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Let $X$ be a standard normal random variable. Then, for any differentiable f:R→R such that $\mathbb{E}f(X)^2<∞$ the Gaussian Poincare inequality states that $$Var(f(X))≤\mathbb{E}[f′(X)^2]$$. I'd like to know what is the equivalent bound for normal random variables with variance $\sigma^2 \neq 1$, if there is such an equivalent. I tried reading up on the Gaussian Poincare inequality and where the fact that $\sigma^2 = 1$ comes in, and couldn't find my way around it. I'd love some help. Thanks!

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  • $\begingroup$ At least you always can always set $X=Z/\sigma$, when $Z \sim N(0,\sigma^2)$. $\endgroup$
    – fes
    Jul 17, 2020 at 16:26
  • $\begingroup$ Thanks! I think that might do it! $\endgroup$
    – Hadasdas
    Jul 19, 2020 at 6:54
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    $\begingroup$ I hope my math is correct: we set $X=Z/\sigma$ when $Z~N(0,\sigma^2)$ and define $g(X) = f(\sigma X)$ which means $g(X) = f(Z)$. For the derivative we have that: $g'(X) = \left(f(\sigma X)\right)' = \sigma f'(\sigma X) = \sigma f'(Z)$ Therefore: $$Var(f(Z)) = Var(f(\sigma X) = Var(g(X)) \leq \mathbb{E}[g'(X)^2] = \mathbb{E}[\sigma^2 f'(Z)^2] = \sigma^2\mathbb{E}[f'(Z)^2] $$ $\endgroup$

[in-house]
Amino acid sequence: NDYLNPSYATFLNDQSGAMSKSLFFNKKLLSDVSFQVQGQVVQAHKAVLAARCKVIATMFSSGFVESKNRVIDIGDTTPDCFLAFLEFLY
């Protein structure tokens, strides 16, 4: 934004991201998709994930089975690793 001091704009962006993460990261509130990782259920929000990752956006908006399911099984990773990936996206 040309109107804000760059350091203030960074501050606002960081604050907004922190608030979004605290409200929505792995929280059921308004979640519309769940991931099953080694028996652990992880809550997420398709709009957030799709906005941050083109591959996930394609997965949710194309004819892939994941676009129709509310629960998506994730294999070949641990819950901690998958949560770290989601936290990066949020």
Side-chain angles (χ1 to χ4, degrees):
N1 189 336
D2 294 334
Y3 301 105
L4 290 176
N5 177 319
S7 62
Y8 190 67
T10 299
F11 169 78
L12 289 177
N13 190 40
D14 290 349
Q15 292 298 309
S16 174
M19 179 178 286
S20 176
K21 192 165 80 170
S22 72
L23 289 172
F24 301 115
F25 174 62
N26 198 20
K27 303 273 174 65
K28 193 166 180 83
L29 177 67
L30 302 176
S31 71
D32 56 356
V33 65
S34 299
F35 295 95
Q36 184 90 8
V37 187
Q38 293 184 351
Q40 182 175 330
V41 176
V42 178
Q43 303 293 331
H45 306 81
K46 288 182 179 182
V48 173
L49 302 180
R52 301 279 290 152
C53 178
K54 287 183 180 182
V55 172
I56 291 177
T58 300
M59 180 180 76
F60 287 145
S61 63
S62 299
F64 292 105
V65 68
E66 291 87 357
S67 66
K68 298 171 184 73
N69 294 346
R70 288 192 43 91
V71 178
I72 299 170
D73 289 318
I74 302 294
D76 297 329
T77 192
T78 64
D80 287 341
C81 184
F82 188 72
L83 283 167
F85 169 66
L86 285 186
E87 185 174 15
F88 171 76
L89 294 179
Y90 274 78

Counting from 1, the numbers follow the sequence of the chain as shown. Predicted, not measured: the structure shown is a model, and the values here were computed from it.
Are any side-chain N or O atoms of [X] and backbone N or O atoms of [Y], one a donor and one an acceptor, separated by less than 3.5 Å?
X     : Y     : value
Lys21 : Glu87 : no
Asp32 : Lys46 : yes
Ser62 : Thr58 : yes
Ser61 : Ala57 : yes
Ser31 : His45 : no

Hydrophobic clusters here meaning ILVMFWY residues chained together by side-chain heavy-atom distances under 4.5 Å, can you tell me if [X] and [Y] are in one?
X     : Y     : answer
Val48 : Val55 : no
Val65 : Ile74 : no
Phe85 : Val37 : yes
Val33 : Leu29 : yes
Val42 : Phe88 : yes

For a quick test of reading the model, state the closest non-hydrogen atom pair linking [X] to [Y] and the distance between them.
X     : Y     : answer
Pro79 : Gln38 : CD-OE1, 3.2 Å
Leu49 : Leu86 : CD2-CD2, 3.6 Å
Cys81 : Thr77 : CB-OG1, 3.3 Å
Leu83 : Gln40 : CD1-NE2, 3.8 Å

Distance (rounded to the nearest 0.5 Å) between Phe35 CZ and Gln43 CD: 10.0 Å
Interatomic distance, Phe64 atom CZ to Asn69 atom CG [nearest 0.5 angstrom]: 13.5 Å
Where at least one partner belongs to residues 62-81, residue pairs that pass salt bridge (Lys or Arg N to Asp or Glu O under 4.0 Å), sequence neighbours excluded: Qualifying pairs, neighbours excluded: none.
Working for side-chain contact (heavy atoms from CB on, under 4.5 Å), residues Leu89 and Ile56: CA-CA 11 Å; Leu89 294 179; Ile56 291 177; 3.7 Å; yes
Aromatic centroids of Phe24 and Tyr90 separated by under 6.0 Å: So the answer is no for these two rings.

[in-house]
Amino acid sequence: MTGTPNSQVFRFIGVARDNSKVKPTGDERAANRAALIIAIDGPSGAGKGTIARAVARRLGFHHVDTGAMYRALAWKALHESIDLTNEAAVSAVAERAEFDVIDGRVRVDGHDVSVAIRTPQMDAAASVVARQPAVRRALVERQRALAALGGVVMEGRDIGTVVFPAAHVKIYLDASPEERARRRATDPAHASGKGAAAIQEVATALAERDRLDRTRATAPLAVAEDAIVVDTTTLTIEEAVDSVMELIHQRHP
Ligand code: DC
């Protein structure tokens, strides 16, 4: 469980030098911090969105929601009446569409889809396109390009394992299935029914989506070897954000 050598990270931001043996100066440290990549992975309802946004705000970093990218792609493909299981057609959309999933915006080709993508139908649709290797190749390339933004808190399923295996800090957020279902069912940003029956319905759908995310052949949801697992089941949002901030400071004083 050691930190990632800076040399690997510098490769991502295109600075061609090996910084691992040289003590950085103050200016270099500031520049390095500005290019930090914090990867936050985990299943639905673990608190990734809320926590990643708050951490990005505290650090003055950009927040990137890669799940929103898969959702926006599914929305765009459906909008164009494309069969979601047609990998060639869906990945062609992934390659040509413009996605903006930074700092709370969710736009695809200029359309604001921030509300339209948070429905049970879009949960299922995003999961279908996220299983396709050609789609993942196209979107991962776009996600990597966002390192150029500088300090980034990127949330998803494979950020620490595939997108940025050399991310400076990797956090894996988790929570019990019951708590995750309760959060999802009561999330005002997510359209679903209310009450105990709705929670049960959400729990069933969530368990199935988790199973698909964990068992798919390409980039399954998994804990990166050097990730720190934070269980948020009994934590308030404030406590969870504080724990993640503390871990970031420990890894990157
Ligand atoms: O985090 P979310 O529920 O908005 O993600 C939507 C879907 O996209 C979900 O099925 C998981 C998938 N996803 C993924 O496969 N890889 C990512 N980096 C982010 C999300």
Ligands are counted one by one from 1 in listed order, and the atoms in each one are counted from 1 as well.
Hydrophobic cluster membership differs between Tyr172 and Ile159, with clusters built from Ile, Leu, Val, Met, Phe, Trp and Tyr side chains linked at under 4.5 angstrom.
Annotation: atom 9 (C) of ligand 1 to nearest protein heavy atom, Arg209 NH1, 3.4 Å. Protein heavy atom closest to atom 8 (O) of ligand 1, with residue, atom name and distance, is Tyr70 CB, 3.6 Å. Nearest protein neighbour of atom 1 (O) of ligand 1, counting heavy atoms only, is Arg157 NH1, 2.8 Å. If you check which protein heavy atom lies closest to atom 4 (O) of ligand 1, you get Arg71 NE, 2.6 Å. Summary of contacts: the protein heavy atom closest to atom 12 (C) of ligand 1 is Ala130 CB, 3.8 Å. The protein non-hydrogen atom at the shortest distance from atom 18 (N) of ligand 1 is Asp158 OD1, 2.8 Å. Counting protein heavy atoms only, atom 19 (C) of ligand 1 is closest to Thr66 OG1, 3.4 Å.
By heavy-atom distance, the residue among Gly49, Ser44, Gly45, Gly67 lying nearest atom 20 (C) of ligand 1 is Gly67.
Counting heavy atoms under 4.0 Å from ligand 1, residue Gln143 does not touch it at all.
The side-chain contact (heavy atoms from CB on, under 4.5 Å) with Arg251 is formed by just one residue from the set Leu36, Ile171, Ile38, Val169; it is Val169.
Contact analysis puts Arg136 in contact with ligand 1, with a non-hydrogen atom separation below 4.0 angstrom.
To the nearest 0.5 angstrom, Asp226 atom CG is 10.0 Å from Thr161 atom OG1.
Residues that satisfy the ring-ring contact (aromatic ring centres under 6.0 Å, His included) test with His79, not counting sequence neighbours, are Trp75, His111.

– Hadasdas
    Jul 19, 2020 at 8:27
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    $\begingroup$ Looks correct to me. $\endgroup$
    – fes
    Jul 19, 2020 at 9:57

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More generally, for differentiable $f: \mathbb{R}^d \to \mathbb{R}$, and $d$-dimensional Gaussian vector $X \sim N(0, \Sigma$), we have $$ \text{Var}(f(X)) \le \mathbb{E} \langle \Sigma \nabla f(X), \nabla f(X) \rangle $$

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